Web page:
Tuesday, July 17, 2012

Elementary, Dear Watson! Video Example

Galoototron's post about his leg vise couldn't have come at a better time for me than today, as I am about to install a Benchcrafted face vice to my bench, too.  He refers to the instructions from Benchcrafted that require a 1 3/4" hole about 3/16" deep followed by a 1 1/2" hole the rest of the way through.

Like Brian Ward, the author of Galoototron, I am using a really thick piece of Beech for my face vice.  He used an expansion bit with his brace to layout the circle for the 1 3/4" hole, and finished it up with a router plane.  I think Brian voiced many people's opinion about these infamous tools when he said, "Now, those bits are not known to be terribly good even in soft woods, much less something like beech."

This statement got me to thinking about Aldren A. Watson's book "Hand Tools: Their Ways and Workings".  I vaguely remembered that he discusses the expansion bit for the brace.  Essentially he says the expansion bit only has one cutting blade, so there is nothing to support the other half of the cut, like a typical brace bit with two cutting blades.  This can make it difficult to drill straight, as the brace becomes unbalanced and wants to move all over the place.

First, one should really tighten the screw on the adjuster mechanism tight, otherwise the hole will get bigger as you bore (don't ask me how I know this).  Please do this safely and away from your hands.  I put the bit on my bench when I foresaw blood gushing out of my wrist.

The trick with this cut is to use a lot of downward pressure, and use the ratchet mechanism on the brace.  Only make about 1/8 of a turn before ratcheting the brace back to your starting point.  I found it easiest to pull the handle a few inches with my right hand before starting over.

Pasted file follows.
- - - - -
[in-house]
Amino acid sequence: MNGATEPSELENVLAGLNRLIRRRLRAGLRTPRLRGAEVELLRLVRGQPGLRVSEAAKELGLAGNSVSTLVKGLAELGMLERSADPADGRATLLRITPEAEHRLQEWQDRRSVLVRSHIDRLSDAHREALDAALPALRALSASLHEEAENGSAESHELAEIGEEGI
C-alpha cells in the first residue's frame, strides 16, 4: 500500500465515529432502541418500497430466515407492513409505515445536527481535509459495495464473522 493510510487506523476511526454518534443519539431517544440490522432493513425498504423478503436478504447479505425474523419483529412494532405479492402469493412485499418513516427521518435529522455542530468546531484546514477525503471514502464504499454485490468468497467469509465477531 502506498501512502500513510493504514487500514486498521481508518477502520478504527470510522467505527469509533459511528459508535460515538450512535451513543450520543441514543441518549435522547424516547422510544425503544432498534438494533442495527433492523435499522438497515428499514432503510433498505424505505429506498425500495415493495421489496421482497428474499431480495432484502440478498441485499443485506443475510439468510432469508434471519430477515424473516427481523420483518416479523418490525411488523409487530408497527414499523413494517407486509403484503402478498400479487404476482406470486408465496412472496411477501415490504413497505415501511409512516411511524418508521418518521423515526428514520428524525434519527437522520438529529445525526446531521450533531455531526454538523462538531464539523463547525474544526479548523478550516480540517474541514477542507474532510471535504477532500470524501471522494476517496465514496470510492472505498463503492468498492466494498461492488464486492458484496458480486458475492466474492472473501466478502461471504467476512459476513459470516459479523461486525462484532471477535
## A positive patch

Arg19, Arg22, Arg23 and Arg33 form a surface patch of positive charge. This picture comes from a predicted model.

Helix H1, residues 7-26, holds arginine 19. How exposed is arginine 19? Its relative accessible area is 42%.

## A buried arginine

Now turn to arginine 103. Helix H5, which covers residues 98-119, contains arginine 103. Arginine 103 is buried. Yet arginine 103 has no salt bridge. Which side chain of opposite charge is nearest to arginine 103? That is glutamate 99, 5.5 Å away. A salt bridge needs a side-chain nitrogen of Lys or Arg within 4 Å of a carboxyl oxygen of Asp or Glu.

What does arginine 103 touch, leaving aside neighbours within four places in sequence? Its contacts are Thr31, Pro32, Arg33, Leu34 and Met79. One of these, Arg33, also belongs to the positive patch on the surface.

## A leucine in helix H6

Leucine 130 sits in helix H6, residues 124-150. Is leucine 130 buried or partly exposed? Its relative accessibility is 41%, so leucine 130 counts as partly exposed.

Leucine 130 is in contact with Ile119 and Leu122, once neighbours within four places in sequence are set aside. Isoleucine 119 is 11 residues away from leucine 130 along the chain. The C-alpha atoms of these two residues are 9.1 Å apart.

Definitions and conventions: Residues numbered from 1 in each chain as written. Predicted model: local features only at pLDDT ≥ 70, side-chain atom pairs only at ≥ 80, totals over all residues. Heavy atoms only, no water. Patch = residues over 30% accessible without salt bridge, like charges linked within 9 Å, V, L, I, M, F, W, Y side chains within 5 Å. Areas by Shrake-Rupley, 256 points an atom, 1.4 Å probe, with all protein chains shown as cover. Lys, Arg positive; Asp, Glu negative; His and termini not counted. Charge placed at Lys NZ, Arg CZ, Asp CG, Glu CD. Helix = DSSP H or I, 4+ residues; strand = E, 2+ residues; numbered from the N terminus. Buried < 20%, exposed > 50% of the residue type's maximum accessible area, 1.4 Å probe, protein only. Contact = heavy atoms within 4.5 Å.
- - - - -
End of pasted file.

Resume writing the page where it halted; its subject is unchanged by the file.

This worked great!  My cut was perfect.  The inside of the hole was pretty ragged, but it could easily be cleaned up any number of ways.  The bit worked good and took nice big shavings out of the scrap of beech I was practicing on.

A video is worth a thousand pictures, so here is the technique in action:

(notice the cool bench dogs in action)

The down side of this bit is that I'm pretty sure I don't want to drill a deep hole with this bit.  The deeper I went, the harder it got.  Perhaps a 14" sweep would help.  Also, for an accurately sized hole, one must make a few test cuts.  It took me six tries to get exactly 1 3/4" diameter.  

However, I think for occasional use (really, how often do you make a hole bigger than an inch, anyway) this bit is a valid option.  On those rare occasions when you need a big hole, you will have a way to do it.

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